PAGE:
Individual or small-group videoconferencing allows for feedback to flow in both directions to support engagement and learning. For larger video conferencing sessions, speakers need at least one audience member to receive feedback in order to adjust their performance and maintain engagement. For example, my son sings along with his live music class of more than 40 students online. He responds to the teacher’s prompts and celebrations online even though my son’s mic is muted and the teacher is likely not actually looking at him.
Your job: Chose a format that allows for real-time, responsive feedback. Provide encouragement for students who get frustrated and celebrate with them when they reach milestones. Model how to actively participate in a conference call by asking questions and responding to the speaker verbally and nonverbally.
3. MOTIVATING: Does this media support students’ autonomy in their learning?
Many of us are working while homeschooling, so we are relieved when students engage with learning activities independently. Research shows that using multimedia that provides students with different options of how to play—providing a sense of autonomy support and structure—are more engaging and conducive to learning than those with only one way to play.
When students are engaging with something new, caregivers may initially need to sit and support them. Once they gain an understanding of how to complete interactions successfully, the caregiver will be able to step away. In our house, we spent about an afternoon reviewing how to use Hour of Code with our students. The next time they went to the computer, they needed a brief reminder, and we stayed close by. This week, they were completely self-directed and using the built-in tutorials as needed.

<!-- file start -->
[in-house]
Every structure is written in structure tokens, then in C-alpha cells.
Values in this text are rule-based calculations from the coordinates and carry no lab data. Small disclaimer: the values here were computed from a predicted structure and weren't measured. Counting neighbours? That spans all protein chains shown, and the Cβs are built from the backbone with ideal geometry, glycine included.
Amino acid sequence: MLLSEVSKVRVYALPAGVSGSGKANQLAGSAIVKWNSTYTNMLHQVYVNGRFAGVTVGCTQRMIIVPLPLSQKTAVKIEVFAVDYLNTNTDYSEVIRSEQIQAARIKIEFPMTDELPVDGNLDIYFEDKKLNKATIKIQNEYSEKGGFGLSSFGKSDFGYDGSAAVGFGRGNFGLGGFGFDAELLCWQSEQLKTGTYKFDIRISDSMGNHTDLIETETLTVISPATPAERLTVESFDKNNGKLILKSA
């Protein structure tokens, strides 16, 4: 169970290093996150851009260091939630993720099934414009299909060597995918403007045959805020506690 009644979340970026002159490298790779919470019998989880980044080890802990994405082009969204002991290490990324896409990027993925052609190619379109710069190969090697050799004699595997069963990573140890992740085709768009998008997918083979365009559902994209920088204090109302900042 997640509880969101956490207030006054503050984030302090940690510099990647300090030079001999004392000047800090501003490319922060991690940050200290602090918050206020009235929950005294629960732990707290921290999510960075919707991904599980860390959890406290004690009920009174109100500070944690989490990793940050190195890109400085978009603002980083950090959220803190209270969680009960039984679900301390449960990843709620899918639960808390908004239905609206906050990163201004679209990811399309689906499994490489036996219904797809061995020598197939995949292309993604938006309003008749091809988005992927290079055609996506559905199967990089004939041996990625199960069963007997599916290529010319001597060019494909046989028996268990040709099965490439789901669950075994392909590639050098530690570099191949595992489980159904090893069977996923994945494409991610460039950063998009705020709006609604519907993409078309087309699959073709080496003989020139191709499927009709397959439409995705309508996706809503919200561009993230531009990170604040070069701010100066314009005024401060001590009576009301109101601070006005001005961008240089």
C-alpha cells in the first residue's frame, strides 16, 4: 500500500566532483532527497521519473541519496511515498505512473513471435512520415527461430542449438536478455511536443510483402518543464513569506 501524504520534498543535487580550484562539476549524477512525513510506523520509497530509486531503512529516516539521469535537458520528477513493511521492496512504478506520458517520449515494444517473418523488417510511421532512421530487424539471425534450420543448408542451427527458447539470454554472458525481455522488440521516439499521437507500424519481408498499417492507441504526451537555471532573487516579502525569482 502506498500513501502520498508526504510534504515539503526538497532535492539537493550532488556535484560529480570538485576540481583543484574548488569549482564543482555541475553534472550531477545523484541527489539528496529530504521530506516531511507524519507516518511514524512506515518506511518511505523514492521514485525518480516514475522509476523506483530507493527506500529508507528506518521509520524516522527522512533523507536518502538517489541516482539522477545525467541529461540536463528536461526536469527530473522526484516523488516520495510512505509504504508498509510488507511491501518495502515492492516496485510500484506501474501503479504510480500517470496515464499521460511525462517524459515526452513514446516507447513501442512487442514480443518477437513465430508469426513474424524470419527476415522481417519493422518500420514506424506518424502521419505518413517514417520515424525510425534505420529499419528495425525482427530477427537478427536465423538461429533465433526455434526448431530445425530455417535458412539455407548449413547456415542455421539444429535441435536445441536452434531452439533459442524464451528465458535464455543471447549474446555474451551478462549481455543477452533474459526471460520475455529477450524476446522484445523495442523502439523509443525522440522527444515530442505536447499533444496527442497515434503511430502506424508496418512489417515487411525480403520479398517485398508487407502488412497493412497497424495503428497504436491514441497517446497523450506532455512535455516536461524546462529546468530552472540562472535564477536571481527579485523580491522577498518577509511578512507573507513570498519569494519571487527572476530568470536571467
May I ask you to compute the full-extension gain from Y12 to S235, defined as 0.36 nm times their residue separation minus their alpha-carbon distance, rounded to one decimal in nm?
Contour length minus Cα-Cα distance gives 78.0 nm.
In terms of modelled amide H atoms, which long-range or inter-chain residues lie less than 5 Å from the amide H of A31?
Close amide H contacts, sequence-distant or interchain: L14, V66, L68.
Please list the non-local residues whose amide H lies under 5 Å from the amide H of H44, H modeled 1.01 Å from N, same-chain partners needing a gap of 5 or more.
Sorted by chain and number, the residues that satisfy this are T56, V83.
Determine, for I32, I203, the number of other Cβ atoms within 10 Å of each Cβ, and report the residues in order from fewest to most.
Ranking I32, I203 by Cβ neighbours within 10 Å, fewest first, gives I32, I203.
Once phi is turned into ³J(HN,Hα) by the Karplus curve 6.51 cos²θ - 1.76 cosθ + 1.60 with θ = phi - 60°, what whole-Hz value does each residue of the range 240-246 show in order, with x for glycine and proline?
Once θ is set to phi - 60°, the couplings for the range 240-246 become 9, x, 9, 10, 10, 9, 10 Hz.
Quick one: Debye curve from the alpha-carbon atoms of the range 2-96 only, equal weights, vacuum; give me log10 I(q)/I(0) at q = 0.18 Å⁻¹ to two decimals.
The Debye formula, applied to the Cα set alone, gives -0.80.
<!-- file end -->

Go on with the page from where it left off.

Your job: Set up an environment that fosters autonomy by building in choice and introduce new tools to boosts students' confidence to use programs independently. Look for programs that include many ways to play, which will increase their engagement.
4. PERSONAL: Does this media build relationships or leverage relationships to support learning?
Learning is incredibly social. When students know the teacher believes in them, they are more likely to believe in themselves. For example, having familiar teachers supports learning better compared with having new teachers. One of my favorite media examples is that toddlers can learn better from Elmo than from an unfamiliar puppet, but with some effort students can get to know new puppets and mirror Elmo’s advantage. At my daughter’s elementary school, the literacy specialists and teachers split up the instructional videos they created. I immediately noticed that she was more engaged with the videos from the teachers she knew.
When the in-person connection isn’t available, videoconferencing promotes bonding and supports relationships. Class online meetups can maintain a sense of community through rituals such as morning meetings, birthdays, and sharing. Setting up casual one-on-one or small-group chats is also fun and breaks up the days.
Your job: Be intentional about connecting your students with school friends and family. What used to happen naturally will now take more effort. Even small moments of connection are well worth it.
Over the next few months, your students will use several media and programs for digital learning. Some of these programs may be missing at least one of the above elements from RAMP. By keeping the questions and tips above in mind, you will be able to maximize media to ensure better learning outcomes for your students.
To help you continue teaching and learning during the current outbreak of coronavirus (COVID-19), visit HMH's At-Home Learning Support page for free resources.